We agree with the superior court that APS carried its burden of establishing that there was no genuine dispute that Brenteson's use of the airstrip created an unreasonable risk of a trespass and potentially serious accident.

In fact, Brenteson's complaint alleged that "Plaintiff has been unable to utilize their airstrip for fear of coming into contact with Plaintiff's [sic] high voltage power transmission lines, and thereby causing grave bodily injury and death." In its answer to the counterclaim, Brenteson admitted "that great bodily injury is likely if an aircraft comes into contact with the transmission line but denies that a permanent injunction against Plaintiff is the proper remedy." In Brenteson's own statement of facts in support of its cross motion for summary judgment, it again admitted that "[t]he erection of Defendant's power line has prevented the Plaintiff from utilizing the airstrip since June of 1986." In addition, Brenteson argued in its memorandum in response to the APS motion for summary judgment that "Defendant's 230,000 volt power transmission line ... precludes Plaintiff from utilizing the airstrip without incurring a great risk of flying into the power lines, resulting in great bodily harm or death."

Brenteson's cross-motion for summary judgment conceded that it feared that aircraft using its airstrip would drift into the transmission line:

Plaintiff must now live with the constant fear of coming into contact with the power line on every occasion on which they either land or take-off. This fear is not due to the fact that Plaintiff is required to fly directly over the power lines of A.P.S. in making an approach in landing or taking off from the airstrip, but as a direct result of a potential crosswind which may cause the aircraft, through no fault of Plaintiff, to drift into the power lines.
Brenteson also argued in a reply memorandum in support of its cross- motion for summary judgment that it was "realistically fearful" of flying into the transmission line:
[D]ue to no fault of its own, Plaintiff is realistically fearful of coming into contact with the power lines of the Defendant through either the forces of nature or some power failure of the aircraft upon its approach to or takeoff from the airstrip. These realistic fears have manifested themselves to such an extent that Plaintiff is reluctant to use the air strip for take offs and landings as it has lawfully been doing since 1969.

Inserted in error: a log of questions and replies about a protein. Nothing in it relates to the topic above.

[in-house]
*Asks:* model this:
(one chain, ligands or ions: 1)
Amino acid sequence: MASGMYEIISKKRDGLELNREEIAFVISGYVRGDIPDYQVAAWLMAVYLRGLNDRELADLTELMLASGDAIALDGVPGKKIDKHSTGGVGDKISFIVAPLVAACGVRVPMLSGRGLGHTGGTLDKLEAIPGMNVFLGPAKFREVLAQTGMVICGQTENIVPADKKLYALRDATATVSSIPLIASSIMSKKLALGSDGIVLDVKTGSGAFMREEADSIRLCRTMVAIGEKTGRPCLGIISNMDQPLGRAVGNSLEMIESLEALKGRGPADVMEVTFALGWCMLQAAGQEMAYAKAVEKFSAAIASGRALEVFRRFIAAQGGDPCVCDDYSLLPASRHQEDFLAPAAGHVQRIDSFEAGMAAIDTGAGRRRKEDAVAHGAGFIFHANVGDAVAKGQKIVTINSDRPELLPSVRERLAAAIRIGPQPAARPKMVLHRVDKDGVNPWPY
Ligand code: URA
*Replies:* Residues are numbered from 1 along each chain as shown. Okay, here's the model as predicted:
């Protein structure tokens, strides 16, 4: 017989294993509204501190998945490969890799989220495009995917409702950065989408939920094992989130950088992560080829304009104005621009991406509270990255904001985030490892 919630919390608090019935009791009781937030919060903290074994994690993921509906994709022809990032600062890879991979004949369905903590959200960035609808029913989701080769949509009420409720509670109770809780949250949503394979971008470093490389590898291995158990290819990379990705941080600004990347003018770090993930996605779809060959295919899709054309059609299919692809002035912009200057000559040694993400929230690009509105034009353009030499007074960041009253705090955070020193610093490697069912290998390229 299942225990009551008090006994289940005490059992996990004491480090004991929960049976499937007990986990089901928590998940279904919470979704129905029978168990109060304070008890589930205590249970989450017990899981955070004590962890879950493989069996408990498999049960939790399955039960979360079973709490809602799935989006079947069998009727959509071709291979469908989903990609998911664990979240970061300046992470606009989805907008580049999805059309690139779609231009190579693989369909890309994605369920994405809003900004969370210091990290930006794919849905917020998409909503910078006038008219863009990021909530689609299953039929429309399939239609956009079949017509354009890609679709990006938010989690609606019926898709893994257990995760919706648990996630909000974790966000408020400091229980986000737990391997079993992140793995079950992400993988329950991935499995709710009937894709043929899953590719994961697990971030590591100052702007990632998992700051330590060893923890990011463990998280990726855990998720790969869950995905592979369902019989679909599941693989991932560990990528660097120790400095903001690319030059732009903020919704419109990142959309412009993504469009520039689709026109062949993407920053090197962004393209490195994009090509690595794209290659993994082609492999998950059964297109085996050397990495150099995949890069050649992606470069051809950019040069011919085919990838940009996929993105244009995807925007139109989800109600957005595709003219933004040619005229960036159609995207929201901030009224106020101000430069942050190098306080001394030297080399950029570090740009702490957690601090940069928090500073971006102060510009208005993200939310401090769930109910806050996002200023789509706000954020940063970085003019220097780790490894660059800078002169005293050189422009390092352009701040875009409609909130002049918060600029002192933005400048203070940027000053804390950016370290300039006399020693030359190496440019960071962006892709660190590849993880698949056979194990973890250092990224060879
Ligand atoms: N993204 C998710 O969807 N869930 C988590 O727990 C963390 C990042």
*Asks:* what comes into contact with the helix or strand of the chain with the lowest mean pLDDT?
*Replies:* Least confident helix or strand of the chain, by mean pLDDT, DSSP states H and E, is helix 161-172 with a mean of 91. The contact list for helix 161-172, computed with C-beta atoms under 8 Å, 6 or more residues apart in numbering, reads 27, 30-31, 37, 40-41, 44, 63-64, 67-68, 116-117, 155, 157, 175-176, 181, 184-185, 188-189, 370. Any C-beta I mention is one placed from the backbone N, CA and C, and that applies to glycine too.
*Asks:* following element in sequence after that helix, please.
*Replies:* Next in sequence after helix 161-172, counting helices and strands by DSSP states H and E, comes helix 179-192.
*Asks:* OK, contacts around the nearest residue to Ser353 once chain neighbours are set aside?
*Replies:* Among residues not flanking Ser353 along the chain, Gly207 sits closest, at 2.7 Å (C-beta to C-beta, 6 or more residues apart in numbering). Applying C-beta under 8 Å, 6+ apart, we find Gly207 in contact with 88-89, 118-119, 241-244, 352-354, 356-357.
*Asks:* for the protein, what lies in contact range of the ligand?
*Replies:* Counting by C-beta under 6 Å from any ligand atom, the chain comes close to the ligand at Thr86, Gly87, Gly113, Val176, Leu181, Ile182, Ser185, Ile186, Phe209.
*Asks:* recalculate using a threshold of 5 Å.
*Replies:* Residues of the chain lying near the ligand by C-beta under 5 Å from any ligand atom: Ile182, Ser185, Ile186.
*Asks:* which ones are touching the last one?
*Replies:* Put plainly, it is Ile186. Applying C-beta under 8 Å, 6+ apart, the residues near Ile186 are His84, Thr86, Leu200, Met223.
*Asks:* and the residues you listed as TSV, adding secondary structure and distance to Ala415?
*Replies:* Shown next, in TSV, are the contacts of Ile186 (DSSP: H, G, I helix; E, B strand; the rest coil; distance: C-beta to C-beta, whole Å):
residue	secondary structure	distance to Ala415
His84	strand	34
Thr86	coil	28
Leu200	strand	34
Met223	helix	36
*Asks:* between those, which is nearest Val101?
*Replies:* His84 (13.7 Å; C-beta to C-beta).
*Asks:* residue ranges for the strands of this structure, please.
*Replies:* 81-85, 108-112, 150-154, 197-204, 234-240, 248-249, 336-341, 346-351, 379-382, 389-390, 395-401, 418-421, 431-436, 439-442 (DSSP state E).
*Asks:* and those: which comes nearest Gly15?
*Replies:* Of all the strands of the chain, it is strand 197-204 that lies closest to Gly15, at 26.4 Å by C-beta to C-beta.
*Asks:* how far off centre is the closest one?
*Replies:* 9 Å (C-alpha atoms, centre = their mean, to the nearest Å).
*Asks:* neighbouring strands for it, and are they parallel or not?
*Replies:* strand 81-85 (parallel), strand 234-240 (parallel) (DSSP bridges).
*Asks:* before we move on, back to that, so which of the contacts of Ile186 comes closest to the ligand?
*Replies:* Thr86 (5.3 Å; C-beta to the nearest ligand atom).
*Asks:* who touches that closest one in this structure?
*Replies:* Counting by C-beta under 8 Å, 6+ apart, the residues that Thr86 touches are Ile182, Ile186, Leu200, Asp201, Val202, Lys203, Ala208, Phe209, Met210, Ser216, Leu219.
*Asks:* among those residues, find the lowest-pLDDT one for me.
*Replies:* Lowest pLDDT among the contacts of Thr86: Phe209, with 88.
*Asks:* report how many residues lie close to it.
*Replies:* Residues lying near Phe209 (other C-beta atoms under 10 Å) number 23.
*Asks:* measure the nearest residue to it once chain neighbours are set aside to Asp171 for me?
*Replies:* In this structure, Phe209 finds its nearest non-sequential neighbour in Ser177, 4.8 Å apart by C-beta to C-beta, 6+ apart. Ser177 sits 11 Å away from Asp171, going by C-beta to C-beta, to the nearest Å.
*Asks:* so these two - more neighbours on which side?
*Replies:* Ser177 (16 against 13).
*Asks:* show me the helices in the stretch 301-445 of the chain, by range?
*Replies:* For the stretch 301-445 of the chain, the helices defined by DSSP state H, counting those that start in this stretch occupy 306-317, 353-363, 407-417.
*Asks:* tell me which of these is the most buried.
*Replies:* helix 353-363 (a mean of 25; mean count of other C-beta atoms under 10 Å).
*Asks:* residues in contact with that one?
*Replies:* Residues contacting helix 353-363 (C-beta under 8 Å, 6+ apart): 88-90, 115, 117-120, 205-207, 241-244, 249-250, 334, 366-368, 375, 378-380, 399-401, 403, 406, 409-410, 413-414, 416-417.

The superior court was entitled to treat these statements as judicial admissions that continued use of the airstrip created a substantial risk that Brenteson's flights would encroach on APS airspace and contact the power lines, thereby causing great bodily injury. Statements in a pleading are admissible against the party making them as proof of facts admitted therein. See Buehman v. Smelker, 50 Ariz. 18, 27, 68 P.2d 946 (1937); Schoonover, Inc. v. Ram Const., Inc., 129 Ariz. 204, 205, 630 P.2d 27 (1981).

The superior court correctly determined that there was an unreasonable risk of encroachment by Brenteson's aircraft. Brenteson's assertion that the airstrip may be used safely comes too late on appeal and is barred as inconsistent with its previous admissions. See 1B J. Moore, Moore's Federal Practice P 0.405[8], p. 239-42 (2d ed.1988) (judicial estoppel doctrine bars inconsistent statements); Dillon-Malik, Inc. v. Wactor, 151 Ariz. 452, 728 P.2d 671 (App.1986) (court will not consider new arguments on appeal).

Brenteson next argues that the risk of intrusions into APS airspace is not alone enough to entitle APS to an injunction. Brenteson argues that it cannot be enjoined from lawful use of its airstrip in order to prevent the mere "possibility" that a trespass would occur if a high crosswind blew one of its planes into APS' line during takeoff or landing "through no fault of its [Brenteson's] own."

Overflights can constitute a trespass. A.R.S. s. 28-1703 provides that ownership of the space over lands is vested in the owner of the surface beneath. A.R.S. s 28-1743 provides that flight of an aircraft over land is lawful, unless the flight is at such a low altitude as to interfere with the existing use to which the land is put by the owner, or unless the flight is conducted in a manner imminently dangerous to persons or property lawfully on the land. The Arizona Supreme Court also explained this rule in Brandes v. Mitterling, 67 Ariz. 349, 355, 196 P.2d 464, 468 (1948):

Whether in landing, taking off, or otherwise, flight over another's land, so low as to interfere with the then existing use to which the land is put, is expressly outside the statutory definition of lawful flight; and being an unprivileged intrusion in the space above the land, such flight is a trespass.
Notably, however, APS does not contend on appeal that it presented evidence of actual overflights within its airspace. Thus, APS has not established that any physical intrusion upon the land occurred. A physical entry on the land is an essential element of a trespass. Restatement (2d) of Torts s. 158. Trespass by overflight similarly requires that the aircraft intrude in the space immediately above the land. See id. at s. 159 and comment f.